Community members will have the opportunity to learn a more about the potential “cannabis campus” proposed for construction in Colusa by Cultivation Technologies Inc. (CTI).
A meeting is scheduled for 6 PM on Wednesday, Jan. 11, at Colusa City Hall.
“The plan — and it may change — but as it is right now, is to have an opportunity for public to come in, listen to city staff give an overview of what the process is going to take for CTI to proceed. The city attorney, and probably the city planner, will offer information to community members (from the city’s standpoint),” said Interim City Manager Randy Dunn. “CTI staff will also be there to address project as a whole, but particularly the odor and security concerns. Those are the two concerns that we have heard most frequently from community members.”
Dunn said that after the informational presentation, community members would be given the opportunity to come to the podium to ask questions of both city staff and officials from CTI “in an orderly fashion.”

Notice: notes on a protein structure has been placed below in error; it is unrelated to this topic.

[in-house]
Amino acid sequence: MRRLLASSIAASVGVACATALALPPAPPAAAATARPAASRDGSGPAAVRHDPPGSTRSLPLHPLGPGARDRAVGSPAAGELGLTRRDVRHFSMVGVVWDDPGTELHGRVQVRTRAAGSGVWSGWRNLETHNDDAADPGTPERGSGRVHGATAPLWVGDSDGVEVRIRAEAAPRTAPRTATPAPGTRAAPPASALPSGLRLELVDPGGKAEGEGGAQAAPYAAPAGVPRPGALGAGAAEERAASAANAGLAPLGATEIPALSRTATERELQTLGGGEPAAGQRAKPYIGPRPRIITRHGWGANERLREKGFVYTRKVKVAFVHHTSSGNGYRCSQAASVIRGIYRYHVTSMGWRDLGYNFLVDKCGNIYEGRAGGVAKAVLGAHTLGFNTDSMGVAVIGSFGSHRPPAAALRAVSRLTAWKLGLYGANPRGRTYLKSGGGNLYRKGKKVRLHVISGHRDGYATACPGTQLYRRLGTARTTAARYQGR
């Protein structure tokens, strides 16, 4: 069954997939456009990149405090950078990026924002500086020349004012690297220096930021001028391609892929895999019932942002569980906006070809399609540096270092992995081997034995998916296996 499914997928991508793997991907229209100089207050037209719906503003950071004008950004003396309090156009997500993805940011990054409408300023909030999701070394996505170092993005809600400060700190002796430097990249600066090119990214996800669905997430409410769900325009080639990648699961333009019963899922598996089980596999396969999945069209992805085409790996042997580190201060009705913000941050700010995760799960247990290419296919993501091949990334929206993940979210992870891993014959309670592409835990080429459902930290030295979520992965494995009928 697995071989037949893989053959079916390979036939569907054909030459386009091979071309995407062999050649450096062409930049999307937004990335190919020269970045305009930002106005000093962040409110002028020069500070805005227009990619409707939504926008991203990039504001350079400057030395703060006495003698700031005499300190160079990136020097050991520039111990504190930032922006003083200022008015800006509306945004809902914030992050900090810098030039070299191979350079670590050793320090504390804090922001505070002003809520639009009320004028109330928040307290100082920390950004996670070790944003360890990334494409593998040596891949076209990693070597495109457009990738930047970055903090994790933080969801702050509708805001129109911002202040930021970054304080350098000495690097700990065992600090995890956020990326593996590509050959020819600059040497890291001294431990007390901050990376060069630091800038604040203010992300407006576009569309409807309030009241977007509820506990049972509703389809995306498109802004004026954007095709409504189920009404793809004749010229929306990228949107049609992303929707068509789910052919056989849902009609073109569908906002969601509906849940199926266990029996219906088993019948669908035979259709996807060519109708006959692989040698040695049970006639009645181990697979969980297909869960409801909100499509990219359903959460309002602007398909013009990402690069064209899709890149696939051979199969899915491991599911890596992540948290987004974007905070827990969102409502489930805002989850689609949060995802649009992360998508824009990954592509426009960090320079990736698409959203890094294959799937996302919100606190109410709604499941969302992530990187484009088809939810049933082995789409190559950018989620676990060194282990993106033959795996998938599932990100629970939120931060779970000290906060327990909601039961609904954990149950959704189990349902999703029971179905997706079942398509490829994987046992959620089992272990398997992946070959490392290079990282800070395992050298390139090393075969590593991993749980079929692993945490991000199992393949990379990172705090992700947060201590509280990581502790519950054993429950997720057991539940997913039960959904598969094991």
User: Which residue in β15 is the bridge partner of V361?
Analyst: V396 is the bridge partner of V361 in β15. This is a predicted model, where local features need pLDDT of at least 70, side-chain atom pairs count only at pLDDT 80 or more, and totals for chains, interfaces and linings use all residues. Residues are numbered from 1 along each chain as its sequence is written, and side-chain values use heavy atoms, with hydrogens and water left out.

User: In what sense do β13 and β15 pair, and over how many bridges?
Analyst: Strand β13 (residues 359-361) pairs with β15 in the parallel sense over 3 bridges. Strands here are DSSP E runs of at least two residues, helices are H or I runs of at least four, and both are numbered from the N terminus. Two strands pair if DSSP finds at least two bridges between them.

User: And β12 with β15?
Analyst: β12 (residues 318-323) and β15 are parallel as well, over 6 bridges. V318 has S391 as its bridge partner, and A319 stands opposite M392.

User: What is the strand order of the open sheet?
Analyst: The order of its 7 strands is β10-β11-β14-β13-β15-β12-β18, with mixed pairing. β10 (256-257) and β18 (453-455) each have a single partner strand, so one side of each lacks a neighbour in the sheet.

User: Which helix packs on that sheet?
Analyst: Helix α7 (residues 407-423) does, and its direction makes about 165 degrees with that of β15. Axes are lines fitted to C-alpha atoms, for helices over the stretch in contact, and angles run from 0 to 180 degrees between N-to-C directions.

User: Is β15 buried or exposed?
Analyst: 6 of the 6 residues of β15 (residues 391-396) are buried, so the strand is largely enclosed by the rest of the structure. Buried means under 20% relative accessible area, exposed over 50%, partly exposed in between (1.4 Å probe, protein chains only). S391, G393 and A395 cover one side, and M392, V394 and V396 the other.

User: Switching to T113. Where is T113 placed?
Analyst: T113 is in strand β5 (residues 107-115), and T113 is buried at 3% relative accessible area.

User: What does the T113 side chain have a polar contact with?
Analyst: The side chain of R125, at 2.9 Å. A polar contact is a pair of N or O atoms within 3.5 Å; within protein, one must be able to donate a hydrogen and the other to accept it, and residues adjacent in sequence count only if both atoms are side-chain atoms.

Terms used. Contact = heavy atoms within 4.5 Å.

“We have nothing to hide, and we want the community to be informed,” Dunn said.
Just over a month ago, the Colusa City Council voted unanimously to approve a resolution of intent to amend the city’s zoning ordinance, which was the first step in potentially allowing a commercial cannabis cultivation and manufacturing facility to be built on an 11-acre parcel in the Colusa Industrial Park. At that time, CTI — based out of Irvine — indicated that they were eager to communicate with the community.
Dunn said that next week’s meeting could be the first of a few informational sessions for community members.
Continued from Page 1
Council member Tom Reische, who first invited CTI to look at the City of Colusa as potential location for the company’s second cannabis campus (the first will be built in Coachella), said that he hopes CTI representatives will educate community members in the same way that they educated the council.
“We really want to get this out in the open so the public can give their input. I know there is some opposition out there, and having CTI staff there will be very beneficial for the community’s understanding of the project,” Reische said on Tuesday. “I’m hoping that we get some feedback. We’ve heard some positive feedback from community members, but they probably won’t be the ones at the meeting… we’ll see how it plays out. But we need to at least inform the community the best we can. That’s our intention.” ■